Photo: Joel Maisonet
How did your upbringing influence your career choice?
My dad has a Ph.D. in economics, and my mom has a master’s degree in science education. They encouraged my siblings and me to excel in mathematics, because they believe mathematics is the foundation of all sciences. So, growing up, my dad used to make us solve math problems all the time. My dad even installed a giant chalkboard in one of our living rooms. I still remember spending hours solving math problems for fun on that chalkboard.
Math became a passion of mine at a very young age. Another amusing memory from when I was in elementary school was that I used to play with my younger sister and pretend I was the math teacher. She would sit down and listen to me teach her math. I am not sure if she enjoyed it then, but she eventually got a Ph.D. in statistics, so I think my lessons were somehow helpful!
The strong math foundation I had as a child greatly influenced my career choice. But that was not the only thing—I also loved business. I started my first popsicle business at age 10. I created the mix of water with syrup and sugar, and I had my siblings and cousins work for me for free to help me sell the popsicles in our neighborhood. My business skills were not sharp then, but I knew early on that I wanted to work with numbers in a business setting.
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Why and how did you become an advocate for diversity in STEM fields?
I was about 12 years old when I realized there was a diversity gap in STEM fields. I grew up in a predominantly black suburb of Paris. The schools in my neighborhood were known to always be on strike and had a poor level of STEM education. My parents, who were firm believers in STEM education, paid for my siblings and me to attend a private school in downtown Paris with a strong science track. We were some of the few black students in the school. By the time I got to high school, I was admitted into the science track, and I was the only black student on that track for three full years. The [demographic] statistics were not any different when I moved to Chicago for college to study actuarial science, or when I started working as an actuary. It seemed this was the norm—but I knew I would one day do something about it. It was clear to me that if my neighborhood friends had the same STEM career exposure, mentorship and opportunities I had, they would have succeeded in STEM fields.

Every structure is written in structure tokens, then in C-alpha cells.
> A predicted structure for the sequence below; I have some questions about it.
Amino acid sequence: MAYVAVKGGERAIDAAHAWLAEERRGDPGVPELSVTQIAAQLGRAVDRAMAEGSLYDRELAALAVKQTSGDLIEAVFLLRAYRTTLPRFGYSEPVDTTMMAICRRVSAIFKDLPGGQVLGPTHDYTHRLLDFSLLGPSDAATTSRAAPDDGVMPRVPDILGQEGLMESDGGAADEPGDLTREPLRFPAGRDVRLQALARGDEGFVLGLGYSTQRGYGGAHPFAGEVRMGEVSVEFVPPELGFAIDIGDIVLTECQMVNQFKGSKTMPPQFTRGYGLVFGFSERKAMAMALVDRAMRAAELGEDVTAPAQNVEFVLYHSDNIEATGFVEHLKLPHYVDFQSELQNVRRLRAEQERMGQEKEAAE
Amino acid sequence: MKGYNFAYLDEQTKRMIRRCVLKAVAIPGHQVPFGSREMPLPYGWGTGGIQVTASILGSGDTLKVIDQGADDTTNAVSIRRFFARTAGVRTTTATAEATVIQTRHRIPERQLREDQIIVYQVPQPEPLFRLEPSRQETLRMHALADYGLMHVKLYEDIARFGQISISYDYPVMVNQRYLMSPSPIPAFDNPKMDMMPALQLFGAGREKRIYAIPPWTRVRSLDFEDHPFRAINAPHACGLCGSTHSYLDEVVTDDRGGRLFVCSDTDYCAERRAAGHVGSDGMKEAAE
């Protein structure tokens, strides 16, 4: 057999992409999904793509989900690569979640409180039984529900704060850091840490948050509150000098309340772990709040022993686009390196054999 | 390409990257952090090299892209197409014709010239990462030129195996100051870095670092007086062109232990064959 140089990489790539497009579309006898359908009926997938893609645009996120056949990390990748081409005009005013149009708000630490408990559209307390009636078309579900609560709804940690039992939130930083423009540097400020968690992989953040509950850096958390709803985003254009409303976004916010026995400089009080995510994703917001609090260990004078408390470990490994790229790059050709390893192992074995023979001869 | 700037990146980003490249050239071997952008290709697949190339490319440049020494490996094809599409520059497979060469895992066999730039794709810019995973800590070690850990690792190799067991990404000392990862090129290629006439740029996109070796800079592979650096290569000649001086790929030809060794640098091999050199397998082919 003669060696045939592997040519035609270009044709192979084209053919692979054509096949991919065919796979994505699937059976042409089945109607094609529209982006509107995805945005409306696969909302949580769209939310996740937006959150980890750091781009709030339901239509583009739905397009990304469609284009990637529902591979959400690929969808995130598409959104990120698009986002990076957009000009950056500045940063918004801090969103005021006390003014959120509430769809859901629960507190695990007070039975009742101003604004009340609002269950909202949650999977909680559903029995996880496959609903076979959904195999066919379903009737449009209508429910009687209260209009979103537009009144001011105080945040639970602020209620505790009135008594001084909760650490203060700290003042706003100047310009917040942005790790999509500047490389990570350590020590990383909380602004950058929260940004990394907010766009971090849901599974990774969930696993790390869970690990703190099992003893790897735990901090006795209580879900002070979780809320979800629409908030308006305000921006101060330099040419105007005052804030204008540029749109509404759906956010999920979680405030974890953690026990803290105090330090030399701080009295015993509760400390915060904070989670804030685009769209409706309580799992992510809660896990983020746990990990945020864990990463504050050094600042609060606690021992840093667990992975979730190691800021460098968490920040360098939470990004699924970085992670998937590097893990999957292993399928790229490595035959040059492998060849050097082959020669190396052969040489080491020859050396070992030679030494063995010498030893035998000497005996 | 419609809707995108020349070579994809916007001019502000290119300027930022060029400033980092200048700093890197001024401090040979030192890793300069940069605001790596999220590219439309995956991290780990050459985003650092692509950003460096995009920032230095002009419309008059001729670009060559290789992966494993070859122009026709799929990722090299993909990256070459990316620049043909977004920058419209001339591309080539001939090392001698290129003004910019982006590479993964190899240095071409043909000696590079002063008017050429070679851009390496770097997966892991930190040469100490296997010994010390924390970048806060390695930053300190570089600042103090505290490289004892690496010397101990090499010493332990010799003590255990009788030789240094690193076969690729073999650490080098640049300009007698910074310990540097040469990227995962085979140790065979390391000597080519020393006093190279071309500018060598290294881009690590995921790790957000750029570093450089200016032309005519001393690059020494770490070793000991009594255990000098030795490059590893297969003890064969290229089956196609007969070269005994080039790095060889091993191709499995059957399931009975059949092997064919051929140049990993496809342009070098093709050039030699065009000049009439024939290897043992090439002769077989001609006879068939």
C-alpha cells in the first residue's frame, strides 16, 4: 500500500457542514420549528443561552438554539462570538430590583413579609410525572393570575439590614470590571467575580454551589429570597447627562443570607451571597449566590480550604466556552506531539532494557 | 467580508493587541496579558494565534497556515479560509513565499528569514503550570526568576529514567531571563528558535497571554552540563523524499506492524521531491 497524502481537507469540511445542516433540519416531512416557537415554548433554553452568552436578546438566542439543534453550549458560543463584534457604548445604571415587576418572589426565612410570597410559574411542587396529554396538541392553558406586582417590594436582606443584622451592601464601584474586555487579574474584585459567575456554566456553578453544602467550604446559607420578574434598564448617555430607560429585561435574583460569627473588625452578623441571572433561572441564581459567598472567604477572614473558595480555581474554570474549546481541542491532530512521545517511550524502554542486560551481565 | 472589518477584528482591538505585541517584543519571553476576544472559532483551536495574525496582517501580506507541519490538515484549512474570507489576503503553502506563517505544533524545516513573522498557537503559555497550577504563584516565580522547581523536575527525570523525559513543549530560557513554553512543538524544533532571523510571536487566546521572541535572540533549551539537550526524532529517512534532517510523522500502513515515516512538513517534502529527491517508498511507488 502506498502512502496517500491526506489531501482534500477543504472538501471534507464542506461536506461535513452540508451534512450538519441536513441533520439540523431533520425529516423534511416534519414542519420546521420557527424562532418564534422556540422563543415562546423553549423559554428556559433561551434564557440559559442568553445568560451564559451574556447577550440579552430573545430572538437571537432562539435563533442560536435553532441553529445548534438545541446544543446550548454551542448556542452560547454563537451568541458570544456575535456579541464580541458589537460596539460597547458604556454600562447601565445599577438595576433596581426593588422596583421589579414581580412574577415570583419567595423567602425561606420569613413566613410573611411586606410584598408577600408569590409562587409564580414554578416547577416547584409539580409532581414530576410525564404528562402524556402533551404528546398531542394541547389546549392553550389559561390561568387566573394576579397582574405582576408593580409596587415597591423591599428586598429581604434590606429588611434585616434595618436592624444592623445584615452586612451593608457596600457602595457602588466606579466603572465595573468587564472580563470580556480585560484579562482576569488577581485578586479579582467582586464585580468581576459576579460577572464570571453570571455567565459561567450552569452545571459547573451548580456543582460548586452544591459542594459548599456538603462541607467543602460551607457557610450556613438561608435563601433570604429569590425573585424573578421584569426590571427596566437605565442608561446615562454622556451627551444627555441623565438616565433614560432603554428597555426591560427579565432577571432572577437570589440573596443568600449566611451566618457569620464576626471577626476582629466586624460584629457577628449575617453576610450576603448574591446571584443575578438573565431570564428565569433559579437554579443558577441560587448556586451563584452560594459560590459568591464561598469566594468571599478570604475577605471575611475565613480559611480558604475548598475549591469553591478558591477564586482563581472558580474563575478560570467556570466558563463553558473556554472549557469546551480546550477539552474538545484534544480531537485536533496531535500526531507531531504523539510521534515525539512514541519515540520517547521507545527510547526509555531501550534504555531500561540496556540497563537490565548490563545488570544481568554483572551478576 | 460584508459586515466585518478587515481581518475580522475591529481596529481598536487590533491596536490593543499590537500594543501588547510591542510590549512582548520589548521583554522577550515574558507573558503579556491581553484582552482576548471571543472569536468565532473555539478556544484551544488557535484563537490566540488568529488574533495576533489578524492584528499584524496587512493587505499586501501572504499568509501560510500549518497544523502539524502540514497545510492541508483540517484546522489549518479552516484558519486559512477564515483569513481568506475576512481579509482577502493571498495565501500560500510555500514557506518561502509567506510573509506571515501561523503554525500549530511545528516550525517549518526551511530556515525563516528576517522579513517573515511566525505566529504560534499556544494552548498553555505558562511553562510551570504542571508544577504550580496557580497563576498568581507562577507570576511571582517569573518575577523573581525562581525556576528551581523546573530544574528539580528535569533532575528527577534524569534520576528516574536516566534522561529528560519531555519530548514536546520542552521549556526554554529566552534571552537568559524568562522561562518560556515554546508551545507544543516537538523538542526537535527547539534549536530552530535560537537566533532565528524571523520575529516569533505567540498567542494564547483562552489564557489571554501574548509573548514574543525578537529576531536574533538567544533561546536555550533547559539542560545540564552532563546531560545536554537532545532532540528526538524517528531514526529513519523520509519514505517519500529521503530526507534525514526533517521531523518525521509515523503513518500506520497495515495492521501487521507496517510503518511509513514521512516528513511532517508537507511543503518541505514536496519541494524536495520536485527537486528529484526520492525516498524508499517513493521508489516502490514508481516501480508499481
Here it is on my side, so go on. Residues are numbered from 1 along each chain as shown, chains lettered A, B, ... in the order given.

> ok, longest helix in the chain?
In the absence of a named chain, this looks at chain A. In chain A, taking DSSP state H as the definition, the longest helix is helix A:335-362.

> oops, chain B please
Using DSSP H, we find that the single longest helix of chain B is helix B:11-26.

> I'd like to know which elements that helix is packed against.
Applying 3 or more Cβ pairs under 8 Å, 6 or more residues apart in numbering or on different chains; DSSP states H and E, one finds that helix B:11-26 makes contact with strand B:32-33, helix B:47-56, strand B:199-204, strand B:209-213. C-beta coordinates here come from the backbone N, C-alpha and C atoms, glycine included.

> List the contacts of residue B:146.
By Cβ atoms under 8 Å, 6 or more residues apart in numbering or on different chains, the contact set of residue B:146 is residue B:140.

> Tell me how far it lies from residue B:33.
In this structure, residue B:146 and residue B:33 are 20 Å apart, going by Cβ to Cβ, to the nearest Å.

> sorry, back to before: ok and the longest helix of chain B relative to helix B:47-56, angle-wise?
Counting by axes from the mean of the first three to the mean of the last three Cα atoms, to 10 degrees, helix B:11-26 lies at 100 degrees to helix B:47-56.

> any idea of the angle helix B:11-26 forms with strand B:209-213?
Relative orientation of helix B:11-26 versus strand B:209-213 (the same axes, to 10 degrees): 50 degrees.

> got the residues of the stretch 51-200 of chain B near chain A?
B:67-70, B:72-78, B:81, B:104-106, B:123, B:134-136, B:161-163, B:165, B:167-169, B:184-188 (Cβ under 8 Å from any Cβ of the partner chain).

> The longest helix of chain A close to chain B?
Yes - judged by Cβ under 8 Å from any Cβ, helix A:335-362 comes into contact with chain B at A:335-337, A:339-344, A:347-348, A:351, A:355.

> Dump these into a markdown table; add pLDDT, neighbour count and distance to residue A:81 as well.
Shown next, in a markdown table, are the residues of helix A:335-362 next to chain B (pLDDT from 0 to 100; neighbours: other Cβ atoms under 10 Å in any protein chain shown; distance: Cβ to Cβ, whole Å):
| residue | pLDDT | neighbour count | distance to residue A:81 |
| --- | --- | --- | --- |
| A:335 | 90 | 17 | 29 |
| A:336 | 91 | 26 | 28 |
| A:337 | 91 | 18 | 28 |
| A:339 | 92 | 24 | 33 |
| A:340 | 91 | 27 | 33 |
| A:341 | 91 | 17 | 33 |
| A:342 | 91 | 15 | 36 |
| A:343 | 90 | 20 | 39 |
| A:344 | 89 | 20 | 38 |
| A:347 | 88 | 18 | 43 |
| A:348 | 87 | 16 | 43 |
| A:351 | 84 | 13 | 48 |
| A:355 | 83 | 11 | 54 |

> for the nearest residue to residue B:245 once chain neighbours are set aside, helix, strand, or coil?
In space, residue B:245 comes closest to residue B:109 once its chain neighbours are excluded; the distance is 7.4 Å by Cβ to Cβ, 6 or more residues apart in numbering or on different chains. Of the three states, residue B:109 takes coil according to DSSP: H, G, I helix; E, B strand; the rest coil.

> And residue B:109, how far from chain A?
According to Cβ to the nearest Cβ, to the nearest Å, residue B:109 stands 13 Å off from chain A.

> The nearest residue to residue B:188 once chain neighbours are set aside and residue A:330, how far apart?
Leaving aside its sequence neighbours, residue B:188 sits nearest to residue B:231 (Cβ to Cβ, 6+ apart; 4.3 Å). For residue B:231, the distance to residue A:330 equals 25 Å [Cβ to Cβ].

In college, I was a champion for diversity as I tutored middle school students in math in Austin, a Chicago neighborhood traditionally underrepresented in STEM. Fast-forward to 2018, and I was leading multiple initiatives as an actuary at my company to recruit more black actuarial talent. I introduced the International Association of Black Actuaries (IABA) to actuarial leaders and recruiters, and I made sure we attended the IABA Annual Meeting both in 2018 and 2019. I also reached out to historically black colleges and universities (HBCUs) with actuarial science programs to assess if we could partner with them. We decided to focus our efforts on Morgan State University due to the larger actuarial student pool. I also connected actuarial leaders with key partners in my company’s Diversity and Inclusion team, and we partnered with them at multiple STEM events targeted to public high school students in Chicago. Currently, I mentor high school and college students to encourage and inspire them to pursue careers in STEM, and I am very engaged as an advocate for diversity.